Zilker Park is a City Of Austin owned and operated park that comprises over 350 acres of publicly owned land in the heart of south Austin. Named after its benefactor Andrew Jackson Zilker, who donated the land to the city in 1917, it was developed into the park by the Civilian Conservation Corps. during the Great Depression in the 1930s and many of it's structures and designs date from or are based on that era. In addition to the ACL Festival the park serves as a home for many recreational sports and activities and the hike and bike trail around Lady Bird Lake, both of which run next to the park.
According to the city of Austin Parks Foundation web site the Soccer Fields in Zilker Park, where the Austin City Limits Music Festival takes place, was scheduled to be closed from January through June of 2009 for a complete revamping including installation of automatic irrigation, field leveling and resodding with grass. "The project will take 2-3 months to complete and then another 2-3 months to allow the grass to become established."
In the end the area referred too as the "Great Lawn" reopened in late August of 2009 after being closed for nearly a year during the $2.5 million renovation project.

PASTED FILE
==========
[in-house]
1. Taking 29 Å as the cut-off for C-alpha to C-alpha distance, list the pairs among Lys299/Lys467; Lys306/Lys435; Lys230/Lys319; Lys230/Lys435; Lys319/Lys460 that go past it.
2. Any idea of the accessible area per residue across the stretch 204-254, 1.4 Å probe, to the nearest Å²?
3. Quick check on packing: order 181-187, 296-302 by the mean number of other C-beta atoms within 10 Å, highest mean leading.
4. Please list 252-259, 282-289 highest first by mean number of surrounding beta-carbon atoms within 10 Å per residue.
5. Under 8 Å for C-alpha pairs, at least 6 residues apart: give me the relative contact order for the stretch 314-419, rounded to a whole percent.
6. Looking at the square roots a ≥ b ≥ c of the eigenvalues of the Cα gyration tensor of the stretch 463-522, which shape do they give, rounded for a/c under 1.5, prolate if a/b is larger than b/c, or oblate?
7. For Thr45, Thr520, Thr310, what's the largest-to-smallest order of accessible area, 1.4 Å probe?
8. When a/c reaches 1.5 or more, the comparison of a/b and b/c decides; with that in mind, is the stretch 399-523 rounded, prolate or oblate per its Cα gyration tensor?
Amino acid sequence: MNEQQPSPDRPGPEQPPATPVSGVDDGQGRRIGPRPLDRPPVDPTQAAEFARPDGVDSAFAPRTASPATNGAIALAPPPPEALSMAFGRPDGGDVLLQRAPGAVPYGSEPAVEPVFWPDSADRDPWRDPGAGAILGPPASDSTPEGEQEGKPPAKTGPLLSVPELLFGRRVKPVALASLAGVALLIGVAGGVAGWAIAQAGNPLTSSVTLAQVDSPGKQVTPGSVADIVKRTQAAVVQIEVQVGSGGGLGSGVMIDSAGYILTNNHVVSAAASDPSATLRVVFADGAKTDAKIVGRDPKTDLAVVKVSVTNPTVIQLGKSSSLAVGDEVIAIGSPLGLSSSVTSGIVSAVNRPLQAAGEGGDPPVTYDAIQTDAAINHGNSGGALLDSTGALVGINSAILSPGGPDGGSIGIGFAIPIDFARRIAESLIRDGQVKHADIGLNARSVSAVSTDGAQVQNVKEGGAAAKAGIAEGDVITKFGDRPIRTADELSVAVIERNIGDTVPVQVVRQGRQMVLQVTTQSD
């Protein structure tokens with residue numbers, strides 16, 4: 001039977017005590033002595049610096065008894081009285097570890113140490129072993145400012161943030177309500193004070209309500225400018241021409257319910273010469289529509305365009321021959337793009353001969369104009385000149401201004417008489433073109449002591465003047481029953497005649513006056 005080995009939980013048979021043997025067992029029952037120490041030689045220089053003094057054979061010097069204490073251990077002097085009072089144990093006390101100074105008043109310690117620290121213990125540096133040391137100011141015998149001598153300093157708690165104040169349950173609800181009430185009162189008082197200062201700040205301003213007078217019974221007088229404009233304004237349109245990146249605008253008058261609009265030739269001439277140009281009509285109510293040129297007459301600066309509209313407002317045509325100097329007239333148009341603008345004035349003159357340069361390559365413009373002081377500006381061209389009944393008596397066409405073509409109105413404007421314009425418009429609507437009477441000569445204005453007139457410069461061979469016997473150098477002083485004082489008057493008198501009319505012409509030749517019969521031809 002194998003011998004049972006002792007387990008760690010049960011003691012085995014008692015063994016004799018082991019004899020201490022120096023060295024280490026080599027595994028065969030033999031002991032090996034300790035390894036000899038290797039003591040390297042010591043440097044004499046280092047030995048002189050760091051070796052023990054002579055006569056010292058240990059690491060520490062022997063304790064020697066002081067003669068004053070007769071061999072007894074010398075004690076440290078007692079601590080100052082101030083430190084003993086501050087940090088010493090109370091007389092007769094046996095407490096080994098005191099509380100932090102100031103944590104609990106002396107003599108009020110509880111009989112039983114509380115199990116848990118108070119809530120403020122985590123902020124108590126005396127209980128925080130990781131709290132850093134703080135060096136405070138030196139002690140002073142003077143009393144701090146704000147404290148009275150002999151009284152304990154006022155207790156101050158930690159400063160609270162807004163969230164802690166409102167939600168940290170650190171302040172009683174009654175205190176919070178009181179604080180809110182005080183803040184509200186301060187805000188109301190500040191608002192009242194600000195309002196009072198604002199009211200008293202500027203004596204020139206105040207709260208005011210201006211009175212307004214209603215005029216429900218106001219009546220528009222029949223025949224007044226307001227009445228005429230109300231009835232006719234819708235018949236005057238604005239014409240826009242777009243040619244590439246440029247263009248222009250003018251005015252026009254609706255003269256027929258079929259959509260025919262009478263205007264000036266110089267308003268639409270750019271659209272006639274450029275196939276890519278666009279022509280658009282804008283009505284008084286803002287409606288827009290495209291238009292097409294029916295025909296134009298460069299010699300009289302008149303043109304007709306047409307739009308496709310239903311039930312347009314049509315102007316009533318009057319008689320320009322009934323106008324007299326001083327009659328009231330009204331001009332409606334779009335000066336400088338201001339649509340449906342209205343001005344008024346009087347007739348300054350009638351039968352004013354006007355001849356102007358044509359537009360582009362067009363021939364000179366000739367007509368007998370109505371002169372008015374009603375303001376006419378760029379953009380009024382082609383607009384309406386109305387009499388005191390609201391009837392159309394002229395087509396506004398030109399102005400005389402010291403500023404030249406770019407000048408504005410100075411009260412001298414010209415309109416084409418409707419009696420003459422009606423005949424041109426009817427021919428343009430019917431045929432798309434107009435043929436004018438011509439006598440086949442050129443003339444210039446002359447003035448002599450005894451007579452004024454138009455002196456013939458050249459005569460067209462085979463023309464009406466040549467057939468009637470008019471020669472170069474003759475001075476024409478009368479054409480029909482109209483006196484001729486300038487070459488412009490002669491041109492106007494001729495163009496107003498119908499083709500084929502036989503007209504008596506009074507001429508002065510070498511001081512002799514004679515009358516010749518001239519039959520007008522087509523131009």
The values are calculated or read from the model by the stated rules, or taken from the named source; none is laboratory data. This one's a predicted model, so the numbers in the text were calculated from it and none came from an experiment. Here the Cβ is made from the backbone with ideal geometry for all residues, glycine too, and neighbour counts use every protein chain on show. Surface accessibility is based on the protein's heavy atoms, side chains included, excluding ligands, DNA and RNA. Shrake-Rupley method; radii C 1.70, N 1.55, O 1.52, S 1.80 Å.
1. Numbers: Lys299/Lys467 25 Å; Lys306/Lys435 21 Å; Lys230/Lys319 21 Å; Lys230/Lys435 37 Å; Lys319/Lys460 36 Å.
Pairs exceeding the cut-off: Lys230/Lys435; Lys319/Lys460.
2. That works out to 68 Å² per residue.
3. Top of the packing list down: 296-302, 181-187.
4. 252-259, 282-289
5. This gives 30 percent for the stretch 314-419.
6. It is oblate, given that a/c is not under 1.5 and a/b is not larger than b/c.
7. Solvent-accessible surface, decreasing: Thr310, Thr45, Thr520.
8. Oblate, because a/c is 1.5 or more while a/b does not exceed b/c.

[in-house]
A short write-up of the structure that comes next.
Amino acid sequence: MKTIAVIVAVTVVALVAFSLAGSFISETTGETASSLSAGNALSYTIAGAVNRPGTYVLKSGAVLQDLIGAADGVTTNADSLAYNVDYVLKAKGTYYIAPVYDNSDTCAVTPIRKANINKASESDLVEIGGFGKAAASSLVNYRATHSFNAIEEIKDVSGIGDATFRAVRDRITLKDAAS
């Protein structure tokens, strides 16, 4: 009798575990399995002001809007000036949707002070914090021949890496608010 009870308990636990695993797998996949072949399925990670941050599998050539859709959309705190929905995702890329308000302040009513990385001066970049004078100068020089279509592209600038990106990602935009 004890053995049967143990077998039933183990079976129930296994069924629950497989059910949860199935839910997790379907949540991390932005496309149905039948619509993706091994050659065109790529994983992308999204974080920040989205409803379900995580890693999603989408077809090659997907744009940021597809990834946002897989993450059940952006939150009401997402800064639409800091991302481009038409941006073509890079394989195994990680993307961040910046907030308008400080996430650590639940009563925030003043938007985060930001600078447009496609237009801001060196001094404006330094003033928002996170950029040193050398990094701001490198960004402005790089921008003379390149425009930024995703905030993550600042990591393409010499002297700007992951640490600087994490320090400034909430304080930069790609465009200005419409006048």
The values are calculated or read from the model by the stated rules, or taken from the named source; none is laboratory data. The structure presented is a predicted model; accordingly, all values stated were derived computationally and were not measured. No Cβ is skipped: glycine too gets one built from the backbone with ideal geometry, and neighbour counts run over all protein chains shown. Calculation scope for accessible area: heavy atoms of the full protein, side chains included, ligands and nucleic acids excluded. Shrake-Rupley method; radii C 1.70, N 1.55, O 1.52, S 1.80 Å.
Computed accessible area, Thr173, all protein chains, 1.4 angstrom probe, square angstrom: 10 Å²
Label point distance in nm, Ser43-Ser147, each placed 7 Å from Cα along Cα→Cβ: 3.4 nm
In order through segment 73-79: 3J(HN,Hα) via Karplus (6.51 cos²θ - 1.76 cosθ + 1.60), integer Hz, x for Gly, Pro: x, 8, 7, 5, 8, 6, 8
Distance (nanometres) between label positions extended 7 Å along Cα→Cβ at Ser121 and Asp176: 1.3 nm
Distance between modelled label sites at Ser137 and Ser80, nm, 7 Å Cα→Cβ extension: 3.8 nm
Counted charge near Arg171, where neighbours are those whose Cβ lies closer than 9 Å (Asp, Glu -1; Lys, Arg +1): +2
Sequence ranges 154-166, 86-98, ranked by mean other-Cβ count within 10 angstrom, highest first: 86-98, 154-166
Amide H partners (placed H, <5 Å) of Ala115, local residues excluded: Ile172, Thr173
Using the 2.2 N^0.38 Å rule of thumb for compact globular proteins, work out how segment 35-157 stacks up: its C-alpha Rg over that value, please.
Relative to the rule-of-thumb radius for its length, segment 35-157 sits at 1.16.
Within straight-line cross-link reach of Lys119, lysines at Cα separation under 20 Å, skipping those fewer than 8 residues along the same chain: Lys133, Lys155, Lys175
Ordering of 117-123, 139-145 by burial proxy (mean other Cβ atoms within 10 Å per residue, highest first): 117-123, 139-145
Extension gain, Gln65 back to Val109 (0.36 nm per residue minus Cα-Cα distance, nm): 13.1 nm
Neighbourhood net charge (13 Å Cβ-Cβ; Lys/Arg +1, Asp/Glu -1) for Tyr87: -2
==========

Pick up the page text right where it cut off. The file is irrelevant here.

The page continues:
In an agreement with the City Of Austin, C3 Presents, Austin City Limits Music Festival producers, donated funding for the improvements, including an irrigation system, drinking fountains and 46 acres of turf replacement to support use of the park.
That new sod was heavily damaged less than 2 months later during the 2009 ACL Festival event after sudden storms brewed up and soaked the festival, requiring replacement and repair of areas referred to as "mud pits" according to the Austin American Statesman. According to the newspaper the "weight of the 65,000 festival-goers each day pushed the mud up through the newly planted sod, which was drenched by Saturday rains" and "most of the grounds appeared to be covered with mud Monday".
But it wasn't all just mud, as the Festival had dumped 800 bales of hay during the weekend to try to absorb some of the moisture and it also contained Dillo Dirt, a fertilizer the city had laid down before the new grass was planted. Dillo Dirt is a compost the city makes from treated sewage sludge and yard trimmings collected curbside and the combination left festival goers a foul smelling mud caked mess. Luckily "It is commonly used in backyard gardening and poses no health threat" said Stuart Strong, assistant director of the city's Parks and Recreation Department.
Based on the photo map below (courtesy Google Maps), the toll taken by the subsequent 2010 ACL Festival and other concert and sports events as well as the severe and prolonged drought have left the park in rough shape.